China is biggest stumbling block in India’s UNSC permanent membership
China has been blocking efforts to begin formal negotiations on UNSC expansion, saying that there is no need to rush through the reforms. The intergovernmental negotiations process has been on for more than 10 years.
PM Modi expressed India’s strong support for multilateralism, described the UNSC as a necessity but asserted that it was under stress. “The credibility and effectiveness of global institutions is being questioned. The reason for this is that there has been no change in these institutions despite the passage of time. These institutions reflect the mindset and realities of the world 75 years ago,” he said.
The remarks come ahead of India assuming one of the 10 rotating non-permanent seats at the UN Security Council in January. India has declared that “reformed multilateralism” would be a key focus of its two-year term.
PM Modi described terrorism as the biggest threat to the world, a pointer to Pakistan and also as an indirect swipe at China that has shielded Pakistan and Pakistan-based terrorists from sanctions by the UN. China did block sanctions against Pakistan-based terror group founder Jaish-e-Mohammed Masood Azhar for a decade before it had to step aside in 2019 under intense international pressure. China has been standing in the way of India’s entry to Nuclear Suppliers Group (NSG) by tagging it along with entry of Pakistan despite New Delhi’s impeccable non-proliferation record in contrast to Islamabad that has been a direct beneficiary of nuclear proliferation by North Korea and China.
PM Modi isn’t the only one to press for reform of the UN Security Council. UN General Assembly President Volkan Bozkir recently spoke out against the existing structure, saying it was failing to respond to the world’s biggest challenges due to “competing interests”. French President Emmanuel Macron already has called for an overhaul of international cooperation mechanisms, going to the extent of underscoring that the UNSC “no longer produces useful solutions today”.
The UN Security Council reform has been on the agenda for more than a decade. But member nations haven’t been able to agree on how big the council should become and whether other nations should have veto powers. As a result, the Security Council continues to reflect the global power structure of 1945, when the Second World War victors – the P-5 – the USA, UK, France, Russia and China – acquired their privileged status. Critics have long argued that the council in its present form, is both undemocratic and anachronistic and would stand to lose its effectiveness and legitimacy unless it is transformed to reflect today’s world.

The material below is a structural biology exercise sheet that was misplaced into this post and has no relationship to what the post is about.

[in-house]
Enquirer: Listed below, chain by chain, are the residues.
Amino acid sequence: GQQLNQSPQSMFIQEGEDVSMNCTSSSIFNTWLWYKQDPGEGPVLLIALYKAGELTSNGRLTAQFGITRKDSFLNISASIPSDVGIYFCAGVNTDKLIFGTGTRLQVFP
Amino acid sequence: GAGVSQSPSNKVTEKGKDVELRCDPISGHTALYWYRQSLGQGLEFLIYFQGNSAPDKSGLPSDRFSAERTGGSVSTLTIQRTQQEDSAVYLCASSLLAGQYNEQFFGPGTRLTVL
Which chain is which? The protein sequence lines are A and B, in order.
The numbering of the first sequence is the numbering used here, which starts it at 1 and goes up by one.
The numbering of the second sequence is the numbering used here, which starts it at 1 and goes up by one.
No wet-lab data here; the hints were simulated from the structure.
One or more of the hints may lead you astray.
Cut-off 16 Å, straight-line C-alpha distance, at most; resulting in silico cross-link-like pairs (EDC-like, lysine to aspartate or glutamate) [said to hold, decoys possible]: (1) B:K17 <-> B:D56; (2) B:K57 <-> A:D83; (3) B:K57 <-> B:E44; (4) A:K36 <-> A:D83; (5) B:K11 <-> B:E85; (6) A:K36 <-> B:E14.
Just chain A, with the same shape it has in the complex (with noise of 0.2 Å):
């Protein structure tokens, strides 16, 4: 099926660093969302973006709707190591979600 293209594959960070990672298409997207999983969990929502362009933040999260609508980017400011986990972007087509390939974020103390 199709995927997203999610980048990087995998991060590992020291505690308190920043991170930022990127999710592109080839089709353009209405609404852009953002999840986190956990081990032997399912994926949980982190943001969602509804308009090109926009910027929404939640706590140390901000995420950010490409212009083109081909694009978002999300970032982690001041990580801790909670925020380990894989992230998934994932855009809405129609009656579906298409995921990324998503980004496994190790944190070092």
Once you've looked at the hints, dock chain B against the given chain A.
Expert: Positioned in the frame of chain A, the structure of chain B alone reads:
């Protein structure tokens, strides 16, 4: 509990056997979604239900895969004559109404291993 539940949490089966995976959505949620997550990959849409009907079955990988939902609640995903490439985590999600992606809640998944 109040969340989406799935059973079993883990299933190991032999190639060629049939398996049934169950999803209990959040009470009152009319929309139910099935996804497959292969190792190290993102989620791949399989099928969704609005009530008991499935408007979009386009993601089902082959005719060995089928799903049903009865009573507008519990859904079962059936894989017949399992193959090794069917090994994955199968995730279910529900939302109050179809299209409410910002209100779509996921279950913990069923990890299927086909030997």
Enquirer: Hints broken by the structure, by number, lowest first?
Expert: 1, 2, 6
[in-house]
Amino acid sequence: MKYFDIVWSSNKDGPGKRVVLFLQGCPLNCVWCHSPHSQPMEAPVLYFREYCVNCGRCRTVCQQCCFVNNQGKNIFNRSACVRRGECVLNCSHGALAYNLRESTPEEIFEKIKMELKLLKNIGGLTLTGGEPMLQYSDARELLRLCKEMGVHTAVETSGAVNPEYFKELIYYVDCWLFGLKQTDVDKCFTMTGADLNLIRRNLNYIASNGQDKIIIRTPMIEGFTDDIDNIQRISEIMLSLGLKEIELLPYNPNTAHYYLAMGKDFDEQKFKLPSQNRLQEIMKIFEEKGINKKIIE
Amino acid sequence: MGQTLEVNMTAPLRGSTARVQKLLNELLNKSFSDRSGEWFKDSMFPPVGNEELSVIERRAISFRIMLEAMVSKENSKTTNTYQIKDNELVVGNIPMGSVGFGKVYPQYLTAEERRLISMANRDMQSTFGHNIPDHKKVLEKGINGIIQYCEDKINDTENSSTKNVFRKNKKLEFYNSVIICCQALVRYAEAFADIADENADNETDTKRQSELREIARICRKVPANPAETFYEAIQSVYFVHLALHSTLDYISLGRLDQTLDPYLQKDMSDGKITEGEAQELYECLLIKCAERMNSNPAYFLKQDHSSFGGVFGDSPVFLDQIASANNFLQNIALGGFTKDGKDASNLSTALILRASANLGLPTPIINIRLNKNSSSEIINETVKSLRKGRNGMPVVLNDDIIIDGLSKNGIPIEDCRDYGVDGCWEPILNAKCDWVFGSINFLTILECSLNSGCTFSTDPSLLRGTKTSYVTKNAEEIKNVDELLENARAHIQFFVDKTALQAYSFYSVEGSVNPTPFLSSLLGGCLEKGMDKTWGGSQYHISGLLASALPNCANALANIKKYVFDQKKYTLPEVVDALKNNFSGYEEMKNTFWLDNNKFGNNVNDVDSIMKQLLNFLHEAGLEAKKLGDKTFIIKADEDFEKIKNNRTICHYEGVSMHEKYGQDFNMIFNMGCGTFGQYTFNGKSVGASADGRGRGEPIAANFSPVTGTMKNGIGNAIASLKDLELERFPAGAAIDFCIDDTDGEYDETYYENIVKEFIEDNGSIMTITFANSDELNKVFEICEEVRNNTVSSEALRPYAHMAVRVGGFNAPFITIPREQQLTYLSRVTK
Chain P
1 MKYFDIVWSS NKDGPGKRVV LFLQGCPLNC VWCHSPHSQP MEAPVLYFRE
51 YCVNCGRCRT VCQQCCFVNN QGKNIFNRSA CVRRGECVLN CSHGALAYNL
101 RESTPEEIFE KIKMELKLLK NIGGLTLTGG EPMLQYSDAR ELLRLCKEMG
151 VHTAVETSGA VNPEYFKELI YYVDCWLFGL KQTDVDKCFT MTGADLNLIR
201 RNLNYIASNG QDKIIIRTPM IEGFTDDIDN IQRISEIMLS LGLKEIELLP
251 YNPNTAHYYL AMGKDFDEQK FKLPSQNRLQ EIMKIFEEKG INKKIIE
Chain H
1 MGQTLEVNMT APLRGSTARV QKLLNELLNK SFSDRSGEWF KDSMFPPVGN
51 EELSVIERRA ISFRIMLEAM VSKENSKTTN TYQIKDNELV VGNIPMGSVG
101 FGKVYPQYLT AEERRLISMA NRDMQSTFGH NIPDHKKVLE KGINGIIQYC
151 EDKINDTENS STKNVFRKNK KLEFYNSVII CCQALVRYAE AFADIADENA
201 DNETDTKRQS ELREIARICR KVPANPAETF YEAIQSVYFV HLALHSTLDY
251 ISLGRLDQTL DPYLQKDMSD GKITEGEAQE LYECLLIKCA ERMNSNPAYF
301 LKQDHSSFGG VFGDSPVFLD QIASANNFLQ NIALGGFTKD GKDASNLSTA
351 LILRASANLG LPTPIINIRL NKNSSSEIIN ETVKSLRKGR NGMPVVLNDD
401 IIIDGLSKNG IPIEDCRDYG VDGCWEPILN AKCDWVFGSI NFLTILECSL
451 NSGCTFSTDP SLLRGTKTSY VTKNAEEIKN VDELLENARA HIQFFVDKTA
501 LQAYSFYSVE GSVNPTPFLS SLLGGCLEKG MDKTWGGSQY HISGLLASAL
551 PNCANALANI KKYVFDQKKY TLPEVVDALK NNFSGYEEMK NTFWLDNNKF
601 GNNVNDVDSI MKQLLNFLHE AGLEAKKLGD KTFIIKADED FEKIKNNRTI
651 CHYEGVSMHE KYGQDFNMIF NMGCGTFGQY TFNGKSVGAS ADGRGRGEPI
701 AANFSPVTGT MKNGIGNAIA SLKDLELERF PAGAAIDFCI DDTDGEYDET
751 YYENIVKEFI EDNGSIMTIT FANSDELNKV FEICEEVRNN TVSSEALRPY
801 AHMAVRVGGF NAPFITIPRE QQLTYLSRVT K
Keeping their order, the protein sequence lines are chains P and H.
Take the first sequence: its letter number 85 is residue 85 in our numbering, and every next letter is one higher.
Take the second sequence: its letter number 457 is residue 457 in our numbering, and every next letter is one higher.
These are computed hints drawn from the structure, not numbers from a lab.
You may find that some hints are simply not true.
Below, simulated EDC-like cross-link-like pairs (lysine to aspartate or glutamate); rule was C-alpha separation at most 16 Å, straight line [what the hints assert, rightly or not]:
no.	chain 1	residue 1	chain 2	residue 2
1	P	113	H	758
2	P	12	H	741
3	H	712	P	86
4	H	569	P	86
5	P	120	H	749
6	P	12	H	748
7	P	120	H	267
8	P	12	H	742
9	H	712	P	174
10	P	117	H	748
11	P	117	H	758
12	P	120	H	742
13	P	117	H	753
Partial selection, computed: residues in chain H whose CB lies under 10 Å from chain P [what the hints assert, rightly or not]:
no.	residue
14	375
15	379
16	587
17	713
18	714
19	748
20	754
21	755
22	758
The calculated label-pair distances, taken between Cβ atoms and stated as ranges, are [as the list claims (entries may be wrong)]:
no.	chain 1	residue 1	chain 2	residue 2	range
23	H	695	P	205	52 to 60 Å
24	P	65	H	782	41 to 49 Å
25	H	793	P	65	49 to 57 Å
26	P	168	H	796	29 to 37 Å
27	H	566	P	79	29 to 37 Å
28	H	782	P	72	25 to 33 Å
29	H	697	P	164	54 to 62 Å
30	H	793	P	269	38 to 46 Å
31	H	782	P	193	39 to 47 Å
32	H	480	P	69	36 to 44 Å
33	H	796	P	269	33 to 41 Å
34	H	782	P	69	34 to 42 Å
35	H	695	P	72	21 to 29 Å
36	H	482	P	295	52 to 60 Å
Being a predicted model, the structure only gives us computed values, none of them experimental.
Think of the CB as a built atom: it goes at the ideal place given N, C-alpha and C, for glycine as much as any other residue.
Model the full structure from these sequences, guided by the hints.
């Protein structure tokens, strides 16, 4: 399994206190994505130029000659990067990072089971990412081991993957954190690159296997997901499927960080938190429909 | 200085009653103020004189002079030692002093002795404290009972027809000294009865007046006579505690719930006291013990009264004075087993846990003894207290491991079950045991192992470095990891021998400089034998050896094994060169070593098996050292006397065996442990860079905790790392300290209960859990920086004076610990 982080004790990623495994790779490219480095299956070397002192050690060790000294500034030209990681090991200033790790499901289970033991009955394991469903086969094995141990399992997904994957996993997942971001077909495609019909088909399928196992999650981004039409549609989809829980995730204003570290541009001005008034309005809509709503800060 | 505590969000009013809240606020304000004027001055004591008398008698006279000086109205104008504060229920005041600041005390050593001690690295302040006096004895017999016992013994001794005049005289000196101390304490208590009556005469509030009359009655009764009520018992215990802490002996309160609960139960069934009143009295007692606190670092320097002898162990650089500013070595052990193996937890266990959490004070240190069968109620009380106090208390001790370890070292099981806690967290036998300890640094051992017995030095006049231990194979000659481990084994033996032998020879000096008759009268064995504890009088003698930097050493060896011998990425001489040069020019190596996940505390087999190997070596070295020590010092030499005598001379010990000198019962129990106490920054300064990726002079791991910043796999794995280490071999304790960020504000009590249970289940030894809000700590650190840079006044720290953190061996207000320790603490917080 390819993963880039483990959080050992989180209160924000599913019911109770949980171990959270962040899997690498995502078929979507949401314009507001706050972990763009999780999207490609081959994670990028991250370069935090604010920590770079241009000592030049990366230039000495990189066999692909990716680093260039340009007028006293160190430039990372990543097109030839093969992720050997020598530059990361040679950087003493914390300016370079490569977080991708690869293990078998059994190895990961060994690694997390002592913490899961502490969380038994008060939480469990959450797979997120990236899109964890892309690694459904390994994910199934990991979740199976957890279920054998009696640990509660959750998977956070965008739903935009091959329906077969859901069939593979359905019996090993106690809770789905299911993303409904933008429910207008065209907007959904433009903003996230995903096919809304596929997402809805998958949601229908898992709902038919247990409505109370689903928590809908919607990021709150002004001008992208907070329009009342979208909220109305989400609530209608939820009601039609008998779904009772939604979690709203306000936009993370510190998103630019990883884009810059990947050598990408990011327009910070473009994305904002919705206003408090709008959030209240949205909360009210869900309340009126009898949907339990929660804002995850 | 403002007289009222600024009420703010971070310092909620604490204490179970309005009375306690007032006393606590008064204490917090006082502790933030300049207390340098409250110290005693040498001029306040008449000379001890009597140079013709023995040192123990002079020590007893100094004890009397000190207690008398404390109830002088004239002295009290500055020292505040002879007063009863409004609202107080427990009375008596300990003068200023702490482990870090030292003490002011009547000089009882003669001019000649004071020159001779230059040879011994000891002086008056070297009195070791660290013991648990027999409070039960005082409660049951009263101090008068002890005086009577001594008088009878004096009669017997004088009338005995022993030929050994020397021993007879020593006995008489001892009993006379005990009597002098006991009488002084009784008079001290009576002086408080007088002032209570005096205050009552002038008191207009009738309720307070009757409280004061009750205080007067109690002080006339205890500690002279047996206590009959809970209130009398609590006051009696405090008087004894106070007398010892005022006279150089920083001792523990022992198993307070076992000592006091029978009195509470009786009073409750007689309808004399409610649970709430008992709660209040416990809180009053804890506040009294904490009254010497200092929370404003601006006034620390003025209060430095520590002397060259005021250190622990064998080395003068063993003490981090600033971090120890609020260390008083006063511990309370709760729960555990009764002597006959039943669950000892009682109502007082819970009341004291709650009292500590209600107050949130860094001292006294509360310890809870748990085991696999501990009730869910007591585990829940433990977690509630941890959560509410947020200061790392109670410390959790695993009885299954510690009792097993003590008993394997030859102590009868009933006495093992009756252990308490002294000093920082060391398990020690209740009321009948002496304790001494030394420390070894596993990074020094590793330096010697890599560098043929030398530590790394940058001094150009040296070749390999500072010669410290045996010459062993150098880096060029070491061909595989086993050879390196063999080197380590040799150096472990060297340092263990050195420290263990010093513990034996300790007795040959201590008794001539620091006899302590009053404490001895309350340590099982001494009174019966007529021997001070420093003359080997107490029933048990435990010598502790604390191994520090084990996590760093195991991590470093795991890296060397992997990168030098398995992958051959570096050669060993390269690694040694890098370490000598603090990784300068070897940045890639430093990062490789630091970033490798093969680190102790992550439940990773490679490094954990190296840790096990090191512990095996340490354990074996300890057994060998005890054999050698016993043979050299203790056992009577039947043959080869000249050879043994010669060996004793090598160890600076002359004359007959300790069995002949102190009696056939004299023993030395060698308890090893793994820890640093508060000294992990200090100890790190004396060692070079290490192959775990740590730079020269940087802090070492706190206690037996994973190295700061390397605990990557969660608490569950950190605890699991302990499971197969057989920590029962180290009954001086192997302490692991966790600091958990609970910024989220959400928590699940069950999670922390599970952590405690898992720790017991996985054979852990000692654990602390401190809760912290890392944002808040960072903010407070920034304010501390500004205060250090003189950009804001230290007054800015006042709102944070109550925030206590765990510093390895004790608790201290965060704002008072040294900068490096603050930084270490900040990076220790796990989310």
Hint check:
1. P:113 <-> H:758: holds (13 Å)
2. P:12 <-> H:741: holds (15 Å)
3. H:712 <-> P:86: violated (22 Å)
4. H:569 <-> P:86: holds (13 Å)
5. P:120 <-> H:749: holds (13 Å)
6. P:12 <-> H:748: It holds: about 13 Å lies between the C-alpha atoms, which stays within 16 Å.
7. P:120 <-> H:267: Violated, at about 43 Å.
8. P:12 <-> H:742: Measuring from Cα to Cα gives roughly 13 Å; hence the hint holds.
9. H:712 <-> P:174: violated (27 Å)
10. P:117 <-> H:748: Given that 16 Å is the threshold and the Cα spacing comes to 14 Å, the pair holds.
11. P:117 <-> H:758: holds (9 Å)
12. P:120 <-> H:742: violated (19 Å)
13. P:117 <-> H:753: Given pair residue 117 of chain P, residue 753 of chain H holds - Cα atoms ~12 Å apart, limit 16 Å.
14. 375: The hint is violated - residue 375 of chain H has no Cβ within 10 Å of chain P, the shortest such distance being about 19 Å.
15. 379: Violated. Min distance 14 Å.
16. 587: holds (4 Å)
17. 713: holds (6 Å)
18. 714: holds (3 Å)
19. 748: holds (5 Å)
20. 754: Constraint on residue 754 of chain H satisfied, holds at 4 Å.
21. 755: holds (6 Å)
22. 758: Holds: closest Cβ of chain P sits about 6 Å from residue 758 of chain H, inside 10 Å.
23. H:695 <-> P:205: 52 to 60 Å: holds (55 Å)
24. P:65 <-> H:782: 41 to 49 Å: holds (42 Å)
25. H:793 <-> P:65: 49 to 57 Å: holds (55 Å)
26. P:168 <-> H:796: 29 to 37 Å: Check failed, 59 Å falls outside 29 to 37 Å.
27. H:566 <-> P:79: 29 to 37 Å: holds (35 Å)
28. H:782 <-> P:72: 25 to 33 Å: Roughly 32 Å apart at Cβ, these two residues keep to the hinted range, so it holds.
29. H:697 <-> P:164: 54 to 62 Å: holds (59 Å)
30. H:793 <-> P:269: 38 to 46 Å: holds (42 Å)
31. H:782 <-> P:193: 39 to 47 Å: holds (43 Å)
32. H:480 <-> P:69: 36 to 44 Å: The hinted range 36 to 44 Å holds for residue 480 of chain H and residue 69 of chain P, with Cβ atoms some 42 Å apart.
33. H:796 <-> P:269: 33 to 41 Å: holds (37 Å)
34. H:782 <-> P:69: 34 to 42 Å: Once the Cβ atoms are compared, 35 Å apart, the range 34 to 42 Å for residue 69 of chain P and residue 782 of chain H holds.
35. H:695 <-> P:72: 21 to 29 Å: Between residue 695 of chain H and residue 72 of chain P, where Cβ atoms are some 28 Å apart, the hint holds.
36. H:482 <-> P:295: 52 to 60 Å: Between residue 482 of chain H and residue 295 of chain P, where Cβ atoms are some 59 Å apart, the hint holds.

India’s Permanent Representative to the UN, Ambassador TS Tirumurti, speaking in the UN General Assembly this week, said ‘’Today’s Security Council is an impaired organ. It has been unable to act with credibility essentially due to its unrepresentative nature. But then, what is happening inside the Intergovernmental Negotiations (IGN) process, which we seem to be wedded to?’’
Intergovernmental Negotiations framework is a group within the United Nations that is looking into UNSC reforms. But it has made no progress since 2009 when it was formed.
There have been no serious attempts to come up with a consolidated text to begin formal negotiations due to resistance by certain countries such as China that are opposed to the expansion of UNSC membership.
For years, India, Germany, Japan, and Brazil have been trying to get a permanent seat to the UN Security Council but the UN charter is such that it gives permanent members the veto power to any resolution, including the expansion of membership.
While the first four have backed India’s permanent membership, China has time and again stalled it by laying down conditions impossible to meet. China says there are major differences among UN members over UNSC reforms and insists that a “package solution” should be found to accommodate the interests and concerns of all parties.
The Chinese mission to the UN has questioned the need for reforms in “haste”. It doesn’t matter that the informal negotiations for reforms have been on for the last 10 years. “To start text-based negotiation in a haste or to impose a single document is not conducive to building a consensus and promoting unity,” the Chinese mission said in a statement.
India along with Japan, Germany and Brazil, however, called out China’s delaying tactics in September this year. New Delhi told the UNGA president that the inter-government negotiation process had become a convenient smokescreen to hide behind for those who didn’t want to see any reforms in the security council, a reference to countries such as China, Turkey and Pakistan.
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